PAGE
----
Take a wider view
Usually I use my 50-200 mm lens just about all the time, because I like its clarity and flexibility. I often want to get a little closer to things, and it is a perfect way to do that. I’ve gotten really used to seeing things through that lens, so today I decided to change it up a little and use my kit lens. It’s an 18-55 mm, so it is a slightly wide-angle lens. I took it a bit farther than just using this lens, though, and decided to use it at the 18 mm focal length for every shot.
Rather than exploring a new place with this assignment I set up for myself, I took my camera down to the lake to take some shots from previous vantage points. If you look back through previous posts of the lake, you will see the boat above in photos, but this time there is much more of the surrounding landscape showing.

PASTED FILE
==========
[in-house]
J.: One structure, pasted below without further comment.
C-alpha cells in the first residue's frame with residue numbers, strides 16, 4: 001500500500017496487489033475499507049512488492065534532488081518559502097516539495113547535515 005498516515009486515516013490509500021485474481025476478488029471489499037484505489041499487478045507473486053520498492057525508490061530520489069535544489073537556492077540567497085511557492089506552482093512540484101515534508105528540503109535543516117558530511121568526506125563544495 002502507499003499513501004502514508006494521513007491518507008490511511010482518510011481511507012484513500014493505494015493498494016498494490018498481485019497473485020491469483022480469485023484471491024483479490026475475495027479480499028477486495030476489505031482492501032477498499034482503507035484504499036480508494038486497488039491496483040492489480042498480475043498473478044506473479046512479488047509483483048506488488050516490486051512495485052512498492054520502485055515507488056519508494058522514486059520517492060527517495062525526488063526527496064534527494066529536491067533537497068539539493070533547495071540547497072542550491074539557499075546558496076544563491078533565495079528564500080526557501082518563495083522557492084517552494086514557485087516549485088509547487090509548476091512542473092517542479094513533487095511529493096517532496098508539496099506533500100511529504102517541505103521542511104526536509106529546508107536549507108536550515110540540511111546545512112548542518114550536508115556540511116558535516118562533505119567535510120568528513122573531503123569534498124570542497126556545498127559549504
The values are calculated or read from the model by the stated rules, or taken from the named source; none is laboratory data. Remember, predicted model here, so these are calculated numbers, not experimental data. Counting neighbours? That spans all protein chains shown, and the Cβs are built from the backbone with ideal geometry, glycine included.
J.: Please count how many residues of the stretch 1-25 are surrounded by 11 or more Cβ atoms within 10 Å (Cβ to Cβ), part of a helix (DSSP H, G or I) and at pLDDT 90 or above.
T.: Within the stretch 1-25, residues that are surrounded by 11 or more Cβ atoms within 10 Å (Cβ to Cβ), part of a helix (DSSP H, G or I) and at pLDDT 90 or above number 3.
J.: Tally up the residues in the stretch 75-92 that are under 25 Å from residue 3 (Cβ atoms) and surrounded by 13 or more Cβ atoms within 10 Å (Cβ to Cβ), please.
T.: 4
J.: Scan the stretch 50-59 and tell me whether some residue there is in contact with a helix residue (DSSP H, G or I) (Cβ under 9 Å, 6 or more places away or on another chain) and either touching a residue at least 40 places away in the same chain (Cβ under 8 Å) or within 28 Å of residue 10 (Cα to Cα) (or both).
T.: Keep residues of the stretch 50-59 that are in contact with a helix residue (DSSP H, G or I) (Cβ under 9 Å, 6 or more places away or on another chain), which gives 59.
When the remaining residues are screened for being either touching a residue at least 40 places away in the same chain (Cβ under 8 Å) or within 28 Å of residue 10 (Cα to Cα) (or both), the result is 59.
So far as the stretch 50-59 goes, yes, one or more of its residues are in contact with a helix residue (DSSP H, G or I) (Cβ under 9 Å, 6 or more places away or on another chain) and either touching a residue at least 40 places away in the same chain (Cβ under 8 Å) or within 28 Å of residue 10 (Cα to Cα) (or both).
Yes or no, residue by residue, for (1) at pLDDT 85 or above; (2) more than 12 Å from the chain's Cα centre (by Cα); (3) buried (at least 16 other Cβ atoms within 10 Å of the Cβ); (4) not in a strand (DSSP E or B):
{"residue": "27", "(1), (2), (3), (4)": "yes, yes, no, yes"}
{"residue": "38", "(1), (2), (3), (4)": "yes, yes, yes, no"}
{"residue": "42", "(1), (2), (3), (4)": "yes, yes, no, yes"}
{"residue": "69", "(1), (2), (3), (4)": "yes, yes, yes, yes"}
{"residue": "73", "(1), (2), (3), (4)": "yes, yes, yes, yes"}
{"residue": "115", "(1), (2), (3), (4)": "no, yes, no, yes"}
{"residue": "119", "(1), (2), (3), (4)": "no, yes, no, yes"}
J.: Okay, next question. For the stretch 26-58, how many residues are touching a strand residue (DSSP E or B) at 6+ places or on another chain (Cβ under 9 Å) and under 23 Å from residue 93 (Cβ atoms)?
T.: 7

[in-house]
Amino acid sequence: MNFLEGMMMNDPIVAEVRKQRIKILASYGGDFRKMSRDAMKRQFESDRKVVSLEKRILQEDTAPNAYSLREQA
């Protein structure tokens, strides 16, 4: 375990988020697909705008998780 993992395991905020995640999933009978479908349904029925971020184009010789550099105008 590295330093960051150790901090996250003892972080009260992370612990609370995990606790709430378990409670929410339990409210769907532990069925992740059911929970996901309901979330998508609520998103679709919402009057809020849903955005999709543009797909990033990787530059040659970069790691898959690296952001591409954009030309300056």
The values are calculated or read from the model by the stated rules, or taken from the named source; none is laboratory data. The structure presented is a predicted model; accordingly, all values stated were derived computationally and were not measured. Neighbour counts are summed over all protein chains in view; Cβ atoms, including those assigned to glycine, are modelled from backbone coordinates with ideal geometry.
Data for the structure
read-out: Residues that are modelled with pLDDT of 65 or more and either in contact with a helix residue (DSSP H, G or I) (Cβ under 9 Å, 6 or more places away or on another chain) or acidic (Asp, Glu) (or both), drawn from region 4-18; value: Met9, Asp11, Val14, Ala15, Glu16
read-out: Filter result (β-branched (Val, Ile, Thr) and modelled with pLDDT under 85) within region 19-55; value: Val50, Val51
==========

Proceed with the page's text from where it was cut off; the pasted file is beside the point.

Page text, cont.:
One of the reasons I don’t use this lens often is the obvious distortion. Whenever you are taking photos, a focal length of about 50 mm will give you the least distortion. Shorter focal lengths ten to bend a scene in toward you, while longer lengths have a tendency to flatten the scene. The flattening is not as obvious, unless you are looking at a corner, so the longer focal lengths still tend to look fairly normal. The bending from a short lens is almost immediately obvious, although it can be worked with.
What fascinates me about this focal length is that it can make a photo feel as if you are more in it, or it can put distance between you and your subject, depending on your point of view. Distances are very distorted; what is close can appear to be right on top of you, while what is farther away seems so very distant.
Am I convinced that I need to use this lens a lot? Not really. But given the ease of changing lenses on digital cameras, I probably will try to use it more often.